Mike Williams on DIM

 Posted by on 5 November 2006 at 7:40 pm  Objectivism, Religion
Nov 052006

Mike Williams recently sent a lengthy post on Dr. Peikoff’s (free!) DIM Hypothesis course to FRODO (Front Range Objectivism’s discussion list). I thought it worth reposting on NoodleFood.

Like many others, Mike was in strongly favor of voting for Bush in 2004. He’s changed his mind after thinking through the issues. When I asked him whether I could say that in introducing his post, Mike replied:

Absolutely. Most importantly, my progression came about after I reviewed Peikoff’s DIM course as well as reviewed the factual evidence about the rise of religion, both in the culture at large and within the leadership structure of the Republican Party. In retrospect, I think the evidence has been there (about the culture but particularly about the Republicans) at least since 1980 and certainly by the close of Reagan’s first term. However, it really took reviewing the fundamental significance of philosophy (“Duel Between Plato and Aristotle” and “For the New Intellectual”, in particular) combined with the insights of The DIM Hypothesis to see religion as the real threat that could preclude the advocacy of a rational alternative. (The most easily accessible factual info about the influence of religion within the Republican Party has been theocracywatch.org. Yes, its run by ACLU-types, but the best thing either side of the aisle ever does is expose the flaws of their opponents!)

So here’s Mike’s post on DIM:

In order to fully grasp what is at stake in the 2006 (and future) elections, it is important to bear in mind one of the central tenets of Peikoff’s DIM Hypothesis: that societal change [for the better] will not come from electing a given political candidate or slate of candidates from a particular party.

Fundamentally, electing neither Democratic nor Republican politicians will advance freedom or in any way secure our rights. Politicians from both parties will continue to erode the Constitution, hamstring our national defense and move us closer to a totalitarian regime. Both pose significant threats to our rights of free speech, self defense and free choice in medicine. Neither party’s members have any clear conception of how to fight and win the war with the Islamic bloc, nor the requisite moral certainty to do so. The party platforms of both the Democrats and the Republicans (as well as the Libertarians) are recipes for disaster in the short term and for tyranny in the long term. There is, however, a key fundamental philosophical difference between the two major political parties, and that difference has real consequences for us as advocates of a rational philosophy.

One of Peikoff’s identifications in his DIM hypothesis work is that the current schools of thought and future trends in a given field are shaped by the underlying approach toward integration of the intellectual leaders within that field. In spite of the successes that ARI and other intellectually active rational individuals have recently enjoyed, a reality-oriented, reason-based conceptually integrative orientation is not widespread in any culturally influential field today. The ‘I’ approach is not even a factor in the political arena (where it has no significant adherents), while it is just barely represented in the educational and cultural fields to which politics is derivative. Further, Peikoff notes that an other-worldly, faith-based misintegrative (or ‘M’) approach will be more internally consistent, more attractive, more influential and ultimately more sustainable in practice than the third possible alternative: concrete bound, conceptually blind disintegration.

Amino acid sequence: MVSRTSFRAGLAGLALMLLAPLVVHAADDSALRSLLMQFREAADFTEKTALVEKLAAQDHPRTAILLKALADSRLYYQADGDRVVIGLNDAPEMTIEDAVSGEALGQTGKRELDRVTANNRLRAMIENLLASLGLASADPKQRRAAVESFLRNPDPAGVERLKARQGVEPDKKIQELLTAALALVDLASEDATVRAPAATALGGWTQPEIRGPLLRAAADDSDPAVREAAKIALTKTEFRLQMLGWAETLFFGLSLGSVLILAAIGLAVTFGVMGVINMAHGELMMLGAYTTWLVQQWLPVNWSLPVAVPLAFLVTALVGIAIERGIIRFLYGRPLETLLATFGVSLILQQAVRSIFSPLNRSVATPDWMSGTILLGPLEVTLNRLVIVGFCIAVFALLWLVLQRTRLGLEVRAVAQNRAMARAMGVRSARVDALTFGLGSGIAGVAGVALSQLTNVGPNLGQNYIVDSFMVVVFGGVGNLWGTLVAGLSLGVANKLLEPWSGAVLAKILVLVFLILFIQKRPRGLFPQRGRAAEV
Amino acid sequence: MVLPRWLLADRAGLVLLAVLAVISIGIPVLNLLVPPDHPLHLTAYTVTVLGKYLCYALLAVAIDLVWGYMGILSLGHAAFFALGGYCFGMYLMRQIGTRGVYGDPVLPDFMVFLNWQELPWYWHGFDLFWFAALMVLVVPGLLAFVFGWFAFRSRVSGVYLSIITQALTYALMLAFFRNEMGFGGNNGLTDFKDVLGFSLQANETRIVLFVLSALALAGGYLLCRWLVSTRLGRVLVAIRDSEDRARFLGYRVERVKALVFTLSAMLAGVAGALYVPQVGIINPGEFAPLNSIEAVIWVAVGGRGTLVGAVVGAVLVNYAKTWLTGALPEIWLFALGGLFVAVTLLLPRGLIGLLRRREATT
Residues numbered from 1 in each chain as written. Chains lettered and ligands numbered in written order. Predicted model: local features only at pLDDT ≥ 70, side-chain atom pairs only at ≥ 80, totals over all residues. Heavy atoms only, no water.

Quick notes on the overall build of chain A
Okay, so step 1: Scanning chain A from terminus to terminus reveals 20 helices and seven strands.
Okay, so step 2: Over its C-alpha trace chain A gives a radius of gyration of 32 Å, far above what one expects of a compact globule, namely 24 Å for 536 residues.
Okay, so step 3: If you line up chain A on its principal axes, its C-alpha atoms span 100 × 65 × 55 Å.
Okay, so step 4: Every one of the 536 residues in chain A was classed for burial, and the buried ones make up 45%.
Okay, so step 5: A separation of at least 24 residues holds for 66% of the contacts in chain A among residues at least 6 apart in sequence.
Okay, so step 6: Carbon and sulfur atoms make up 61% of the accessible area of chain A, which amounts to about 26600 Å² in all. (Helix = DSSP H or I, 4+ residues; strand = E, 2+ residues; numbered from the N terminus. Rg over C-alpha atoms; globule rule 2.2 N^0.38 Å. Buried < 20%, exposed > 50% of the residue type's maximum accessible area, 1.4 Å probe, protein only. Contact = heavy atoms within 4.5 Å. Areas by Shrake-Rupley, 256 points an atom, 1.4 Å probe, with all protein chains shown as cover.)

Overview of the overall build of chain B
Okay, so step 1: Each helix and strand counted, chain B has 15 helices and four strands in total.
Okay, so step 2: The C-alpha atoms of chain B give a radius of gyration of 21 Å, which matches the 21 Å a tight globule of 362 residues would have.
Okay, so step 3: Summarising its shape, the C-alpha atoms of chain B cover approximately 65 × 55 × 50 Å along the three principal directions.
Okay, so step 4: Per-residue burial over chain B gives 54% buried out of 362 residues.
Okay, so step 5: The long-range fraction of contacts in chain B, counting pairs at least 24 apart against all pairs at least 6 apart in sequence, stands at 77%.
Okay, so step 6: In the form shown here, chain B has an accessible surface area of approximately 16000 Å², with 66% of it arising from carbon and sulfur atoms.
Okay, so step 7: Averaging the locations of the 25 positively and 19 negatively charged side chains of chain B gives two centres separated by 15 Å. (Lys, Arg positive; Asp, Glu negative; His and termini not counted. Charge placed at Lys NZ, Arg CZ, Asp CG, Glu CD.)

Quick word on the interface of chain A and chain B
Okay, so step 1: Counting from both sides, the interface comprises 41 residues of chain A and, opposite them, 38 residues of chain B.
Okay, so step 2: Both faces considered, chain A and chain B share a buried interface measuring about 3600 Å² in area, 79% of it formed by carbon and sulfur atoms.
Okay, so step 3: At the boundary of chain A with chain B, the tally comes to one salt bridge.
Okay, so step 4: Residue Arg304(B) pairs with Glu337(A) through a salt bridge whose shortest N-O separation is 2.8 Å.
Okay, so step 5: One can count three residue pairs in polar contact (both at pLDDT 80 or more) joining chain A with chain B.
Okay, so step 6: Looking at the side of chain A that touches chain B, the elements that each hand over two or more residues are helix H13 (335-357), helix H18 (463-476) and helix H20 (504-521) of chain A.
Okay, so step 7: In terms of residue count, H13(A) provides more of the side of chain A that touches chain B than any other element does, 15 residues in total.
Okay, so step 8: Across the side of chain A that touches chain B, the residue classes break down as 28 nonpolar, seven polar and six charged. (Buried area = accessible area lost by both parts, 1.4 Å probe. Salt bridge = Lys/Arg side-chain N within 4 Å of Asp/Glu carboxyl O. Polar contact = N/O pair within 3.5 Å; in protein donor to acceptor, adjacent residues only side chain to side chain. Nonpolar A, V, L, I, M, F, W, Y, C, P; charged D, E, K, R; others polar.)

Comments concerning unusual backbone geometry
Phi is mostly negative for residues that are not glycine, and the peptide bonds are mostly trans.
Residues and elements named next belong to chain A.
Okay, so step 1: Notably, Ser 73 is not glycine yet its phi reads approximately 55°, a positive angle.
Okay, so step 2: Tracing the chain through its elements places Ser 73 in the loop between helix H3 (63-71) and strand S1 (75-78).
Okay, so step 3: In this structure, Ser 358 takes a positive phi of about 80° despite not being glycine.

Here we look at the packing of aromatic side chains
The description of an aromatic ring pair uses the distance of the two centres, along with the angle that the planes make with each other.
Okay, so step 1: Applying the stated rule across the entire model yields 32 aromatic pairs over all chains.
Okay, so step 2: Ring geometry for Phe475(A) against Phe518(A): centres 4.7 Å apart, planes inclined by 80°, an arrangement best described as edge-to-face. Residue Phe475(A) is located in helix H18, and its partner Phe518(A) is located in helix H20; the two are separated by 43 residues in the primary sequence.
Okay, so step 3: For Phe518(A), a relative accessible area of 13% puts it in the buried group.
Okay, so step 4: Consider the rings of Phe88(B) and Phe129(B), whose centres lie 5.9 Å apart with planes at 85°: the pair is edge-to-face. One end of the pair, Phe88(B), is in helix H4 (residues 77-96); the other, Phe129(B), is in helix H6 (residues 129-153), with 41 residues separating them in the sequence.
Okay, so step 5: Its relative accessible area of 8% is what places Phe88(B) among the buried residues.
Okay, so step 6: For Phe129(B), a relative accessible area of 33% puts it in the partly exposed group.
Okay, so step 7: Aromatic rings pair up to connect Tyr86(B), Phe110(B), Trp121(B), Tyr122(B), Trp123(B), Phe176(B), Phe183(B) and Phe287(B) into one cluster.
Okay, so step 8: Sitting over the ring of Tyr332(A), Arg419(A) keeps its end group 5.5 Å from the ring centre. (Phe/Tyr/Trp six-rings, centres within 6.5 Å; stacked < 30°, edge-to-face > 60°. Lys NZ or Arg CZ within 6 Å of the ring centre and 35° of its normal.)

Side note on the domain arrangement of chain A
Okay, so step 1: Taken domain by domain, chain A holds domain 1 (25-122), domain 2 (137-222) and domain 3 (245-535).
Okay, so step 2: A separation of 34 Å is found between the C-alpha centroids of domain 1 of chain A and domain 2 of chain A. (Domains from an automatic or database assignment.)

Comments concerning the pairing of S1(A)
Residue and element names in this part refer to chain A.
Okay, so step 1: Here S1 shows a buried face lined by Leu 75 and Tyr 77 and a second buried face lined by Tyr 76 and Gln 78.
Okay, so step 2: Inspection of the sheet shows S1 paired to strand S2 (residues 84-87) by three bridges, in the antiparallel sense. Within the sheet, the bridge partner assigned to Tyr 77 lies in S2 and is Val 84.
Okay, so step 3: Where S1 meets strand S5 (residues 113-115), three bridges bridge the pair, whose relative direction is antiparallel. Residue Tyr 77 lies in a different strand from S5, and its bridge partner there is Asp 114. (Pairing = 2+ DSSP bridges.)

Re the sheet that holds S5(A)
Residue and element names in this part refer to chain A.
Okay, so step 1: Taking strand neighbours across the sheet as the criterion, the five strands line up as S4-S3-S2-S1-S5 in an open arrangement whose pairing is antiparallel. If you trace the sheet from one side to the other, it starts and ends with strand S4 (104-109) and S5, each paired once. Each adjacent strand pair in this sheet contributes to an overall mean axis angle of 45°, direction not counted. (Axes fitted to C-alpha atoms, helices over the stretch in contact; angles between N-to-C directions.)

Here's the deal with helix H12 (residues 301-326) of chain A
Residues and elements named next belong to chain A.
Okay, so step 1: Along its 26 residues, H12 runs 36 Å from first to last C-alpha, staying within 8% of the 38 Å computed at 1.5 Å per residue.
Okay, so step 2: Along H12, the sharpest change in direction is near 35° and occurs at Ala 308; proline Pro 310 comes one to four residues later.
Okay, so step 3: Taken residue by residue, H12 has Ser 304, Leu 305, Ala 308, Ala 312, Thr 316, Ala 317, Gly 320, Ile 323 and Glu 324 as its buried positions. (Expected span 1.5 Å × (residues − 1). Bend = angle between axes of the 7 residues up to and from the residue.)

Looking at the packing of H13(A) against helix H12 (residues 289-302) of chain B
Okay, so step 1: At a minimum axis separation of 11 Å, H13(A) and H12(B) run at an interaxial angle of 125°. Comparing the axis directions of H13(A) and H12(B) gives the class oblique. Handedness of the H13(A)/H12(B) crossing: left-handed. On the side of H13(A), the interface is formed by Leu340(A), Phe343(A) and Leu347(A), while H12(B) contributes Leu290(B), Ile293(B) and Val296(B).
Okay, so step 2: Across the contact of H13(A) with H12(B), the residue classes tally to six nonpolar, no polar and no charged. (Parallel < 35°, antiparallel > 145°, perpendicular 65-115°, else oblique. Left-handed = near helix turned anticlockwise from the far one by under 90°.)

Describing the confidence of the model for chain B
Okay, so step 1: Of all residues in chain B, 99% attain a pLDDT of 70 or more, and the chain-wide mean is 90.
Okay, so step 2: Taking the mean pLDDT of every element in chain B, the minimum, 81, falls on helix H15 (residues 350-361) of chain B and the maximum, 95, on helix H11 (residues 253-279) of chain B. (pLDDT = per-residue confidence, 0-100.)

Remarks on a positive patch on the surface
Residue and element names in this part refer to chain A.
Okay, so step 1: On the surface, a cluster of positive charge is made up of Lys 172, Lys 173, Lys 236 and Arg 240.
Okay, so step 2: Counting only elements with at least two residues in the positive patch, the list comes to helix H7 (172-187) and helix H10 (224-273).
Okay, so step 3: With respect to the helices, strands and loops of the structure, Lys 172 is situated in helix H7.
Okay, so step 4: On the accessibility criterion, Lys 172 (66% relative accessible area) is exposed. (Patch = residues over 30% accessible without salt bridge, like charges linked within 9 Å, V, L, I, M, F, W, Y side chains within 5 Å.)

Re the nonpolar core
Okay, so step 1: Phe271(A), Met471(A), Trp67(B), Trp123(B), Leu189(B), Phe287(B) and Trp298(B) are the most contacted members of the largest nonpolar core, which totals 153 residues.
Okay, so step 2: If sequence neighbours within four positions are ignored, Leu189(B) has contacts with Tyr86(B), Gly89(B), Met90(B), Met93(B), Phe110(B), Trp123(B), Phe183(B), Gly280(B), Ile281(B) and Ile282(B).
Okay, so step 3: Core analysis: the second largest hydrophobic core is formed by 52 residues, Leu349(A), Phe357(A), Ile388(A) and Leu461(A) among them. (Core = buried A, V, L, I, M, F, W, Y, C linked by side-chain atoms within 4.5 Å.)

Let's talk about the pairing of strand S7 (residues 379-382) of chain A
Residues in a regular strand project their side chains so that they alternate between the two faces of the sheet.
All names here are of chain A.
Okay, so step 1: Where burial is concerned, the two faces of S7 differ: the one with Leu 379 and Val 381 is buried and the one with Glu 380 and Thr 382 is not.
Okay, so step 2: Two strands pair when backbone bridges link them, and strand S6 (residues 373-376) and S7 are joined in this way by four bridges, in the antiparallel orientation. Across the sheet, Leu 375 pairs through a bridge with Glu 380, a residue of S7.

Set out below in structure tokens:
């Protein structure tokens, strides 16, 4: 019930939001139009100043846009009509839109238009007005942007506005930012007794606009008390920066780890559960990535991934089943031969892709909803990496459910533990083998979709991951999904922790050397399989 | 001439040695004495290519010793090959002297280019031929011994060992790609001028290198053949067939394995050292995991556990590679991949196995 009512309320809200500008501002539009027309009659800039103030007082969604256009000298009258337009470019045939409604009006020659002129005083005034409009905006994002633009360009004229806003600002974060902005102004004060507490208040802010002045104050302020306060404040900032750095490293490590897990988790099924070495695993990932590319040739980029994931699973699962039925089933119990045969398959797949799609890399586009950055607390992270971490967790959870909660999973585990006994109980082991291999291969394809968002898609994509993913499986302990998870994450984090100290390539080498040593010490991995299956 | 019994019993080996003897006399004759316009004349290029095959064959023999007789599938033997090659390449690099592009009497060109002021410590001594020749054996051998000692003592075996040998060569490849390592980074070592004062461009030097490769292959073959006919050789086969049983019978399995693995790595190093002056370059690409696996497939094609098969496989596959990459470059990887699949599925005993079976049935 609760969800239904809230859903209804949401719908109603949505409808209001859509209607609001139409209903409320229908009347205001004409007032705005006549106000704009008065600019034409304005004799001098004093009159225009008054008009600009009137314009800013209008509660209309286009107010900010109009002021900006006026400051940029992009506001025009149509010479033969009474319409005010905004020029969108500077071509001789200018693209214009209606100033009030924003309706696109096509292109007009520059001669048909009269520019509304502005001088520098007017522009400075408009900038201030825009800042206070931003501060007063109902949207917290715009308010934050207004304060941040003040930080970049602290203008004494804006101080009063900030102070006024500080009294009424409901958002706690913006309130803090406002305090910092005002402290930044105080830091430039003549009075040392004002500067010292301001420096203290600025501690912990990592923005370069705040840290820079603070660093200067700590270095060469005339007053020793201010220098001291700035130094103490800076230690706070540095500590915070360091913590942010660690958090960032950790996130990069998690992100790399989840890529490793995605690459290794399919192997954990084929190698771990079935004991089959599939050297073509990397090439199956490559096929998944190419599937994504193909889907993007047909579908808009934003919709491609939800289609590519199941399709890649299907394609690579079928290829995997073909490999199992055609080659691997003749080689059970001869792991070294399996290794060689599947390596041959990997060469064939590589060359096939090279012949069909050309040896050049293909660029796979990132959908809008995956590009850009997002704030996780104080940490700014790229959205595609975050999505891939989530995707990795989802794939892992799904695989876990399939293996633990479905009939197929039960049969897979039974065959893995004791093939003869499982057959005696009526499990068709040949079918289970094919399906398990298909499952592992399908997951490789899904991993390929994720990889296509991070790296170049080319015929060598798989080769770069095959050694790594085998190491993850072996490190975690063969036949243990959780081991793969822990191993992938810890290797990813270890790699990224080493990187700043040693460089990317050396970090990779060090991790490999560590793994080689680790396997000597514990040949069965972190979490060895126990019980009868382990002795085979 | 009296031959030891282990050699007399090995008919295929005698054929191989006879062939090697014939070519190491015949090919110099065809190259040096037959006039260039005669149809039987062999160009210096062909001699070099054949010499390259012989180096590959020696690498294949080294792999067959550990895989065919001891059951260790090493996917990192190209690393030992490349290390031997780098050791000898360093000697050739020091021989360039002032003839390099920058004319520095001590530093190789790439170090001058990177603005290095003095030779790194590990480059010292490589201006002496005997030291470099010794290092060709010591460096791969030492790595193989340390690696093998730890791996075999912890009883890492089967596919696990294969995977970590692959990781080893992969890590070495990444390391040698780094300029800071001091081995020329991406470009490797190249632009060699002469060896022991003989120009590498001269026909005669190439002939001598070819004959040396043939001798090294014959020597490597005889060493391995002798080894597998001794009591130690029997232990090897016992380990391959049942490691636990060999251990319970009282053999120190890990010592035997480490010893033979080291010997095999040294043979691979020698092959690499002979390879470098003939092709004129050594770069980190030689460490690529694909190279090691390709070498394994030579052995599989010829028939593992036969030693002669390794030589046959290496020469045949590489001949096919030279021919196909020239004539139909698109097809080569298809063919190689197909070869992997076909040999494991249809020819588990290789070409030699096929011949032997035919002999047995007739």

Some in the Democratic Party, particularly the ideological hardcore of the far Left, are representatives of the disintegrative approach in politics (to the extent that they represent anything). They seek to destroy America and the West (for the sake of the third world, or the environment, or in the name of equality, or however they care to excuse and dress up their hatred of the good). While the majority of Democrats are surely less consistent mixed cases, and even with some consistent religionists obviously included, the most consistent ‘D’ types set the trend and the agenda within the Democratic party. The DNC is far more in thrall to Greenpeace, MoveOn or the ACLU than it is to Focus on the Family. If elected, the long term political influence of today’s Democrats will be to continue America’s slide toward self-destruction through increasingly statist policies.

However, Peikoff argues that the disintegrative approach is impotent in the long term. Politically, the far Left does not appeal to the majority of the American population and will not be able to hold political power or remain culturally dominant for any lasting period of time. These mixed cases or even pure nihilists do not offer any type of integrated worldview, no deeper motivating internally consistent system with which to justify or sustain their political ambitions. Whatever ideological remnants of their Marxist past might remain are in decline in the broader culture and pose no lasting threat to the advocacy of a rational philosophy. The Democrats in power will not be successful in implementing the full gamut of their political agenda, even if they were to gain control of both houses in Congress. And, though tenuous and vestigial, the Left retains some nominal commitment to hearing all viewpoints and to the equality of all opinions in their multicultural relativism.